Opinion writer

Republicans are lying.

That may not be much of a surprise in the age of Donald Trump, the most dishonest president in American history, who just set a new personal best by making 103 public false claims in a single week, equaling what he normally accomplishes in a month.

But as we await Trump’s nomination of a Supreme Court justice to replace the retiring Anthony M. Kennedy, the entire GOP has decided that the best way to advocate this nominee is simply to lie about what they want and what that justice will do on the court. That nominee will also lie, or at the very least be intentionally, egregiously deceptive, in their confirmation hearings. And why shouldn’t they all do it? The strategy has worked so well before.

I’m focusing specifically on Roe v. Wade, the 1973 decision validating women’s right to abortion. Republicans know full well that their position on this issue — that Roe should be overturned so states can begin outlawing abortion — is terribly unpopular. In polls, about two-thirds of Americans say Roe should remain the law of the land. But overturning Roe is conservative dogma. So when there’s a nominee for the high court, everyone on the right agrees that once again they have to distort, dissemble and deceive if they’re to succeed in getting their nominee confirmed.

Let’s start with a brief tour of history before we get to what’s happening right now. The template for Republican nominees was set decades ago, and it goes like this: No matter what the senators ask during your confirmation hearings, you must do two things. First, refuse to answer anything too specific about Roe, citing the need to stay objective for future cases. Second, give hints that, no matter what you’ve said or how you’ve ruled in the past, you might be willing to uphold it, even if that idea is utterly preposterous. Here are some examples:

  • Antonin Scalia (1986): “I assure you, I have no agenda. I am not going onto the court with a list of things that I want to do. … There are doubtless laws on the books apart from abortion that I might not agree with, that I might think are misguided, perhaps some that I might even think in the largest sense are immoral in the results that they produce. In no way would I let that influence my determination of how they apply.”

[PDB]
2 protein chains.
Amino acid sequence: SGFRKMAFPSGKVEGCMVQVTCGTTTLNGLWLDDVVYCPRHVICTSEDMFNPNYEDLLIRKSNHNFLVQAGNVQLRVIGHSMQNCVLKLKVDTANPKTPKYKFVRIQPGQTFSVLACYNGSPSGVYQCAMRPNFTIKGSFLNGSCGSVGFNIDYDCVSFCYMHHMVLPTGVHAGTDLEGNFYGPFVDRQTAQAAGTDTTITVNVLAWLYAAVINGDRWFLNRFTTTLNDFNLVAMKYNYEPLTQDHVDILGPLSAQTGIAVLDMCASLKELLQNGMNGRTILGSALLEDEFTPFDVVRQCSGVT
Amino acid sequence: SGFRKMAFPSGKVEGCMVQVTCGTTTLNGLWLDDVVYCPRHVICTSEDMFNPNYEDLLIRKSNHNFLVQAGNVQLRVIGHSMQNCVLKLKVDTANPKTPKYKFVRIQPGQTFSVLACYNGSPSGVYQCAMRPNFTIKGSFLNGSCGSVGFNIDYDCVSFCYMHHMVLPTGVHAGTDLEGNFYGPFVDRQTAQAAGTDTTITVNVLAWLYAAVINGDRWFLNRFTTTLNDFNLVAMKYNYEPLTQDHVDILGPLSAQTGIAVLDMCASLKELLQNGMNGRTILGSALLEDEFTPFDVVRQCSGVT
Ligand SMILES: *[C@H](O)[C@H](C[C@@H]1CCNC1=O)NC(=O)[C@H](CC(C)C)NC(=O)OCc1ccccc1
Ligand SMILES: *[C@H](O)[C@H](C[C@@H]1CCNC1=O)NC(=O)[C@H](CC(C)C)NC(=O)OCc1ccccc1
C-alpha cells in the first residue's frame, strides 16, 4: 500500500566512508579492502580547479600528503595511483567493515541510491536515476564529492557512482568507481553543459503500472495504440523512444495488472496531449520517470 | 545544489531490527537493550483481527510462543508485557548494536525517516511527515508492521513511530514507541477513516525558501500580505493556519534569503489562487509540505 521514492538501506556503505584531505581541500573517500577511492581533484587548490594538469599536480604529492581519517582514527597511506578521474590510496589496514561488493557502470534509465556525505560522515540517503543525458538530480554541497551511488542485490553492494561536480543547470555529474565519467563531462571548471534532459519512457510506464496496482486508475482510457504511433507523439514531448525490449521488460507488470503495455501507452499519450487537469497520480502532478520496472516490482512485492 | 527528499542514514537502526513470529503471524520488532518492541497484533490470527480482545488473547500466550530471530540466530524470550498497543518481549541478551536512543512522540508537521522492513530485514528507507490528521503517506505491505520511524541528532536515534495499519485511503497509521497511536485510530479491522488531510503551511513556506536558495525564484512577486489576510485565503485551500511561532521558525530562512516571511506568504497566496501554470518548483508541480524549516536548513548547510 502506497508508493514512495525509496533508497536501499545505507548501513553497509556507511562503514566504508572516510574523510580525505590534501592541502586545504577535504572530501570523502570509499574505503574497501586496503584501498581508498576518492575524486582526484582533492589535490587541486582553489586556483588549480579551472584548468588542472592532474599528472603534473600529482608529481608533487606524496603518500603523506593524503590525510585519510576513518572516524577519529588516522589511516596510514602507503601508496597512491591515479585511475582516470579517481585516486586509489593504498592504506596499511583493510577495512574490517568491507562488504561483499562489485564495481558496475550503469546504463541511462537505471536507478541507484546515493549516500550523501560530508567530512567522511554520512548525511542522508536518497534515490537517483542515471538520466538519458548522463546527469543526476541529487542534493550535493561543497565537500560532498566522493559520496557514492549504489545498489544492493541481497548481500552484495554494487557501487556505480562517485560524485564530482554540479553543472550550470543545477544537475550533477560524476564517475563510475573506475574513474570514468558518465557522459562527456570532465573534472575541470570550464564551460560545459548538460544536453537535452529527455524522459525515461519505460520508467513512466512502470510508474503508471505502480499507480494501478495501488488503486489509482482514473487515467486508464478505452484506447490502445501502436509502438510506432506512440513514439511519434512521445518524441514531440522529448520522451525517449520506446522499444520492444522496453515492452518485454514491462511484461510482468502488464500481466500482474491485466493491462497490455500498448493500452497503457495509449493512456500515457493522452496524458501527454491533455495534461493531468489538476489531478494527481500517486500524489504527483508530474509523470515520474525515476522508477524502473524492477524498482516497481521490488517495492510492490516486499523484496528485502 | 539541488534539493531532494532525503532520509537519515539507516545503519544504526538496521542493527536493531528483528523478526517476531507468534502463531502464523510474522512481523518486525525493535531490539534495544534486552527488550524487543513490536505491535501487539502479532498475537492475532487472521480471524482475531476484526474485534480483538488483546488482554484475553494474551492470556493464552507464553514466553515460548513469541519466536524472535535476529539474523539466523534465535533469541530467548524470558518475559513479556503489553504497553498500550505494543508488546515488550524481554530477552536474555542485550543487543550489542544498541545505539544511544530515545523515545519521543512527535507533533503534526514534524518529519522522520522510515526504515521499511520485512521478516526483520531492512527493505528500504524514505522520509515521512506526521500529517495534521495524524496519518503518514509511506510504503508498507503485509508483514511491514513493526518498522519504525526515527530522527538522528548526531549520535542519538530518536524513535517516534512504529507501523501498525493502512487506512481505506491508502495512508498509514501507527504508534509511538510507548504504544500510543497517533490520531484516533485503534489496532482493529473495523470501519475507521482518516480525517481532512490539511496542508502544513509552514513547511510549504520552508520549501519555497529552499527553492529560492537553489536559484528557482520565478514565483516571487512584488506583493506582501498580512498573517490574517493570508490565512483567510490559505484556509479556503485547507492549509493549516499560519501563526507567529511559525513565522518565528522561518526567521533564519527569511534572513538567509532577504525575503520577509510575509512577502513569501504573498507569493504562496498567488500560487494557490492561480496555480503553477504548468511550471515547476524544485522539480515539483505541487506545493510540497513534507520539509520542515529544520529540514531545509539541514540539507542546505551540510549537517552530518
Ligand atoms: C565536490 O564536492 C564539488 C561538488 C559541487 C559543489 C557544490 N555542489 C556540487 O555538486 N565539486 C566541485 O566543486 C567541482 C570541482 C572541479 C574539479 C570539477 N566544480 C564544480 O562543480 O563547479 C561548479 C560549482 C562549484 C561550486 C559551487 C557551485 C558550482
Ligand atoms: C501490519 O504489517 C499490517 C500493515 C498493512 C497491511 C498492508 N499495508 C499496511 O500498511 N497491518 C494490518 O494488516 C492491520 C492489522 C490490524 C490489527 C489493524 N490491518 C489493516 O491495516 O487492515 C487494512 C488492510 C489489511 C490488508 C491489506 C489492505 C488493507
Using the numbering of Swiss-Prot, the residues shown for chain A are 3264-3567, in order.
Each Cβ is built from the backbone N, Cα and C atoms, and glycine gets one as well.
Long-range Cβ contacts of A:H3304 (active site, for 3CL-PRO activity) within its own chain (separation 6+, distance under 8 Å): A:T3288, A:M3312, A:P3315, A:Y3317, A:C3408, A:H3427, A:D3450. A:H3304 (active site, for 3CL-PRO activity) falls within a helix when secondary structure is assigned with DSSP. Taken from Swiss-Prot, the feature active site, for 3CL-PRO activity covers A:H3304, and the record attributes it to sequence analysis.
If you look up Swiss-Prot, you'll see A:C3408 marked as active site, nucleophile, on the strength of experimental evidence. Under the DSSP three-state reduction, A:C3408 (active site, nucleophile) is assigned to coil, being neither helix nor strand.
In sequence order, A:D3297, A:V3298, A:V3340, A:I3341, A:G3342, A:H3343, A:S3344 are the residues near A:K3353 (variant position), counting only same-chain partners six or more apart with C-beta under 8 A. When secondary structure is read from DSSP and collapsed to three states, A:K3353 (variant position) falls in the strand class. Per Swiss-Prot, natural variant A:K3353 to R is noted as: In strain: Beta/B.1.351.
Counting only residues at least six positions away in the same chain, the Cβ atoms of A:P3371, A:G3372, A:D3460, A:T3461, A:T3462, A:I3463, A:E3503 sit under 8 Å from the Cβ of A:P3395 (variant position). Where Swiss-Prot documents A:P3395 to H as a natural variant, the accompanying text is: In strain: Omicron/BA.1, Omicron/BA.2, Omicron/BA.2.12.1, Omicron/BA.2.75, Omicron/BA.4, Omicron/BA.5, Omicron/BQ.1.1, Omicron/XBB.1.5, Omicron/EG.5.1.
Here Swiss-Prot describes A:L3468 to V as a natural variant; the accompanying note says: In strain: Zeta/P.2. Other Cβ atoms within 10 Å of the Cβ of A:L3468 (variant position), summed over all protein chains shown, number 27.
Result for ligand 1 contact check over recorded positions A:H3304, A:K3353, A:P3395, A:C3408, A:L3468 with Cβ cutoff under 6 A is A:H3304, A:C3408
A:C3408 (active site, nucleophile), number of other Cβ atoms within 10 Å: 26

• Clarence Thomas (1991): “I believe the Constitution protects the right to privacy. And I have no reason or agenda to prejudge the issue or to predispose to rule one way or the other on the issue of abortion, which is a difficult issue. … Senator, your question to me was did I debate the contents of Roe v. Wade, the outcome in Roe v. Wade, do I have this day an opinion, a personal opinion on the outcome in Roe v. Wade; and my answer to you is that I do not.”
  • John G. Roberts Jr. (2005): “Well, beyond that, [Roe v. Wade is] settled as a precedent of the court, entitled to respect under principles of stare decisis. And those principles, applied in the Casey case, explain when cases should be revisited and when they should not. And it is settled as a precedent of the court, yes.”
  • Samuel A. Alito Jr. (2006): “That [a document in which he declared that the Constitution provides no right to abortion] was a statement that I made at a prior period of time when I was performing a different role, and as I said yesterday, when someone becomes a judge, you really have to put aside the things that you did as a lawyer at prior points in your legal career and think about legal issues the way a judge thinks about legal issues.”
  • Neil M. Gorsuch (2017): “I’m not in a position to tell you whether I’d personally like or dislike any precedent. That’s not relevant to my job … Precedent … deserves our respect. And to come in and think that just because I’m new or the latest thing I’d know better than everybody who comes before me would be an act of hubris.”